You may need to hand the child a cloth and point to the mess. Most children will whine and stomp (which is fine) but they will clean it up. Make sure you are watching them do it so they do not slack off. Once again use your posture (you could have your arms folded) to ensure the child will not run off. When they have finished praise them for cleaning it up but keep your tone even. Making a big fuss out of it will make it seem like they have done something super when in reality they should do this out of respect for your house.
If your child refuses to do it (and some children will, do not think that you are a bad parent) be adamant, keep giving them the cloth and pointing at the mess. Some children will resort to “It’s your job, you do it,” to which you explain that it’s their mess and therefore their responsibility. No other words are needed. Children hate being harped at, especially when it is in the nonverbal way. If they turn away, gently turn them back, point them to the mess, and tell them to clean it up. They’ll do it just to get you off their proverbial back.
In time you will notice that your children will start to clean up after themselves without any asking. Some children need a nod of the head, or a look to get them doing what they need to do.
My children are young (a four year old and a two year old) so they still need guidance. But my words are rarely needed anymore. Simply a point at the mess or giving them the dust pan and brush is enough to get them cleaning it up. And they do not complain. My four year old packed up her and her sisters play doh yesterday putting it in a zip lock bag and placing it in the fridge. I did not tell her to, she did it on her own.
Mind you there are times (and there will be) when I need to remind them but it’s expected. They’re kids after all.
Remember as well that there are places that this will not work. Asking them to clean their bedroom is a huge mistake most parents make. Their bedroom (and their play room) is their domain. The lounge, family, dining, kitchen, den are all communal areas and therefore maintained by everyone in the family. Should you wish them to clean their rooms, you need to help and you need to leave the leader at the door. You need to now be a clown.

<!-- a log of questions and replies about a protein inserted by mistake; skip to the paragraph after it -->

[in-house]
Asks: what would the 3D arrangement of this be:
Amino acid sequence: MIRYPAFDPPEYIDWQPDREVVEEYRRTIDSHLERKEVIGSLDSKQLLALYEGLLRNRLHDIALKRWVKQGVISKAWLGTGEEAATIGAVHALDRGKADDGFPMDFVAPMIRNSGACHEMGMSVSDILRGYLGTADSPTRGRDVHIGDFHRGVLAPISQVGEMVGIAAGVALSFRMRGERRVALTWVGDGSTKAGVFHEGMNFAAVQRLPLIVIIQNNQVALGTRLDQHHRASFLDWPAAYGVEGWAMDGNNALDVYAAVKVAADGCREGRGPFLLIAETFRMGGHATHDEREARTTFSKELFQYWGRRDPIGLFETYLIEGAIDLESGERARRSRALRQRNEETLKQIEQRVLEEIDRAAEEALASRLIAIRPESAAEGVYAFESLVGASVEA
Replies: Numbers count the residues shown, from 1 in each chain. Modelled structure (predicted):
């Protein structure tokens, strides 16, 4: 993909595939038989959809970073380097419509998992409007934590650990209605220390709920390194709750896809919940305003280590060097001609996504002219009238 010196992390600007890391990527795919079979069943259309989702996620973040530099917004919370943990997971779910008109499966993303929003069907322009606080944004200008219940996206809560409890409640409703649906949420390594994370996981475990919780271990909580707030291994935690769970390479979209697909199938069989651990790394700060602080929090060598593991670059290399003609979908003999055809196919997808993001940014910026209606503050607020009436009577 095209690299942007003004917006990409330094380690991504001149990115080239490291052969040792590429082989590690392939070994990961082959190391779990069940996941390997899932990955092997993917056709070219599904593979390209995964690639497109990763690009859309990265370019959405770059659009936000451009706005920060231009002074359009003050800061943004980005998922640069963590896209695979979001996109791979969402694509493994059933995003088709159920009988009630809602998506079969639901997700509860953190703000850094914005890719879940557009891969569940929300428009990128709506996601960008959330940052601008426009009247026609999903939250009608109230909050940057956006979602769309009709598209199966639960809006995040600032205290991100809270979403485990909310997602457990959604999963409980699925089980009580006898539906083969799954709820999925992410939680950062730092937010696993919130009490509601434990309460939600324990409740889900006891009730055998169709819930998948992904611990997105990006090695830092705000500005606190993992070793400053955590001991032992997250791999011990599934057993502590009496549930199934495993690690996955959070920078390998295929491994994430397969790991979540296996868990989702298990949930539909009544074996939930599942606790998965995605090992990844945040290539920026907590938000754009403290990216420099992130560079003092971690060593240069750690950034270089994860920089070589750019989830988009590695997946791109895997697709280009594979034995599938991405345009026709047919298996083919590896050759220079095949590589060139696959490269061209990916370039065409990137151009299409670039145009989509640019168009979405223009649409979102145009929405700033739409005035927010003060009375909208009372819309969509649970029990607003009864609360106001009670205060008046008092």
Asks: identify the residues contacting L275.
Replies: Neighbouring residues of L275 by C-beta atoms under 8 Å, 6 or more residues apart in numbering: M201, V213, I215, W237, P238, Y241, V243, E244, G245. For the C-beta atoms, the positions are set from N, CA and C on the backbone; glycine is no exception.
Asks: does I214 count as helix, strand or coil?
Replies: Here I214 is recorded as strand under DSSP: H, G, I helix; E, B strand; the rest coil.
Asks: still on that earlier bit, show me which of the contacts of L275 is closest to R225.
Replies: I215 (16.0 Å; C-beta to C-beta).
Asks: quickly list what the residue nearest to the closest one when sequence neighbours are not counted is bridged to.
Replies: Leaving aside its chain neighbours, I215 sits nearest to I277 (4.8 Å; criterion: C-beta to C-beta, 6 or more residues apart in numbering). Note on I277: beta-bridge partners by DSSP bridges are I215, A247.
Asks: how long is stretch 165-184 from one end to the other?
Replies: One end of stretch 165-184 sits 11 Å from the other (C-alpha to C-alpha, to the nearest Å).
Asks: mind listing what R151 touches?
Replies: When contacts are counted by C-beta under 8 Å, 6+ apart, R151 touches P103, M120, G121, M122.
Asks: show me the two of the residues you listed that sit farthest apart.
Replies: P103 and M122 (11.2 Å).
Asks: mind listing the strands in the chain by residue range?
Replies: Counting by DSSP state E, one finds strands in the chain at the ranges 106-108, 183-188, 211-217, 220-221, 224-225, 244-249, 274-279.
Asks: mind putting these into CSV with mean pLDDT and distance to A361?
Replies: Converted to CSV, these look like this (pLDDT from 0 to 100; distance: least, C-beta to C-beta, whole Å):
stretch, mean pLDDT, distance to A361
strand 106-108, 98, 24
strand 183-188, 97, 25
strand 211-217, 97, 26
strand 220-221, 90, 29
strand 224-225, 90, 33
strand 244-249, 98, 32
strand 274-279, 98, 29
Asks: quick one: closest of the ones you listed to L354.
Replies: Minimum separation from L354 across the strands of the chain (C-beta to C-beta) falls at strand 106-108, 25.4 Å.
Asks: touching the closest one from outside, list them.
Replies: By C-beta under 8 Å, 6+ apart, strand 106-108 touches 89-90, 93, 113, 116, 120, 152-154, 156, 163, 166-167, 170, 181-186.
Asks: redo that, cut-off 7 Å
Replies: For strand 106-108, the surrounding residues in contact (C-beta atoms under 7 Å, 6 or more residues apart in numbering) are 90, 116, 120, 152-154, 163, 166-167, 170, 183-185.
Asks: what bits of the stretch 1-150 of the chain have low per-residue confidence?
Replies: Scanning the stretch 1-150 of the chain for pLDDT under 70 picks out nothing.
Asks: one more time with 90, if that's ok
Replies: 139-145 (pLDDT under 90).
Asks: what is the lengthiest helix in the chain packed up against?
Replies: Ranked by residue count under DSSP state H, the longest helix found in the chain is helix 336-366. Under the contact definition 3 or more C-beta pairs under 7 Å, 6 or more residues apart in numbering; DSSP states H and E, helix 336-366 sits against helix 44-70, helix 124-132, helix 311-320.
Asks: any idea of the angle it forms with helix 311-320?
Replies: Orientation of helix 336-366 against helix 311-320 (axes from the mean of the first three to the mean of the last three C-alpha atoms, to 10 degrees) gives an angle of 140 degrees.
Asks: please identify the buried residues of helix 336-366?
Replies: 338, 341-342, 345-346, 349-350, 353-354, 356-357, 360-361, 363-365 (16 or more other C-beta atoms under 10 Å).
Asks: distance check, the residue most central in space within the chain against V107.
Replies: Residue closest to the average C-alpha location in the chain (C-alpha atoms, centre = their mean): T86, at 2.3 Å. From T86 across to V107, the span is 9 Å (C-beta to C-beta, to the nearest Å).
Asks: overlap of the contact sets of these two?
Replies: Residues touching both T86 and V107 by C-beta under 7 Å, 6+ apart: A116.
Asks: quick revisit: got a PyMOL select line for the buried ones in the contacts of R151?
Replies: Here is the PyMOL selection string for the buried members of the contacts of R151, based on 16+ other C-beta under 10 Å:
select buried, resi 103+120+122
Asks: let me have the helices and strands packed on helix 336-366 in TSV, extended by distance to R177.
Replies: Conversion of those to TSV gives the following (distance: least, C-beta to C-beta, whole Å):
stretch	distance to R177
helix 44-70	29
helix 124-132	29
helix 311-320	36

Be the clown:
Being the clown is actually harder for most parents than being a leader. So many parents come from an authoritarian background and have forgotten what it is like to be a child. And being childlike is important to understand the child and the reasons behind their behavior.
Putting yourself into the mindset of the clown isn’t hard. Think of the funniest thing your child has ever done and you should be there. Don’t try to be the clown when children are tired or hungry. In fact you should never be anyone but the mother when children have needs to be met.
Being the clown can help out in situations that don’t need direct instructions. Like cleaning a room: make a game out of picking up toys. And remember your children will never do the job as well as you can so don’t make them live up to your standards.
It also helps when out shopping. Pretend to be aliens and space men picking out moon food and placing it in the rocket ship. Ignore the strange looks other people give you…they are better than the looks of disgust they’d give you if your child was running wild. And besides you’re both having fun!
Be the mother (or the father):
Being the mother is the easiest. This is what you first learnt when you decided to be an AP. Hug when your child gets frustrated or has a tantrum, tell them you love them when they are upset about not getting their way, and verifying their feelings when they feel sad or angry.
Over time switching to and from these three people will become easier. You will begin to understand which person to use in which situation and eventually you will use them less and less as your child gets older.
Some notes for you to consider:
Make sure your child is calm before asking them to help you clean something. If they are playing wait for them to finish, ensure they have had adequate sleep and food.
- Remember whining is a part of a child’s repertoire, as long as they are doing what you want/need them to do ignore the whining as it will go away on its own.
-Don’t spring things on children. Tell them in advance what you would like to do. For example after lunch you would like to help them clean their room and only remind them again ten minutes before the room clean. And follow through.
-Age appropriate behavior should have more lenience than inappropriate behavior. If you are waiting in the Dr.’s office, explain to your children that it is a quiet place (before entering) and they need to respect that. Let them walk around as a child sitting for long periods of time is unnatural. If you know you will be waiting for a while bring snacks, a coloring book and pencils and be ready to play I spy a million times. Do not give these out as soon as you get to your seats…wait til they get antsy so they are less likely to get bored as quickly.
-It’s okay to have rules, routines and schedules.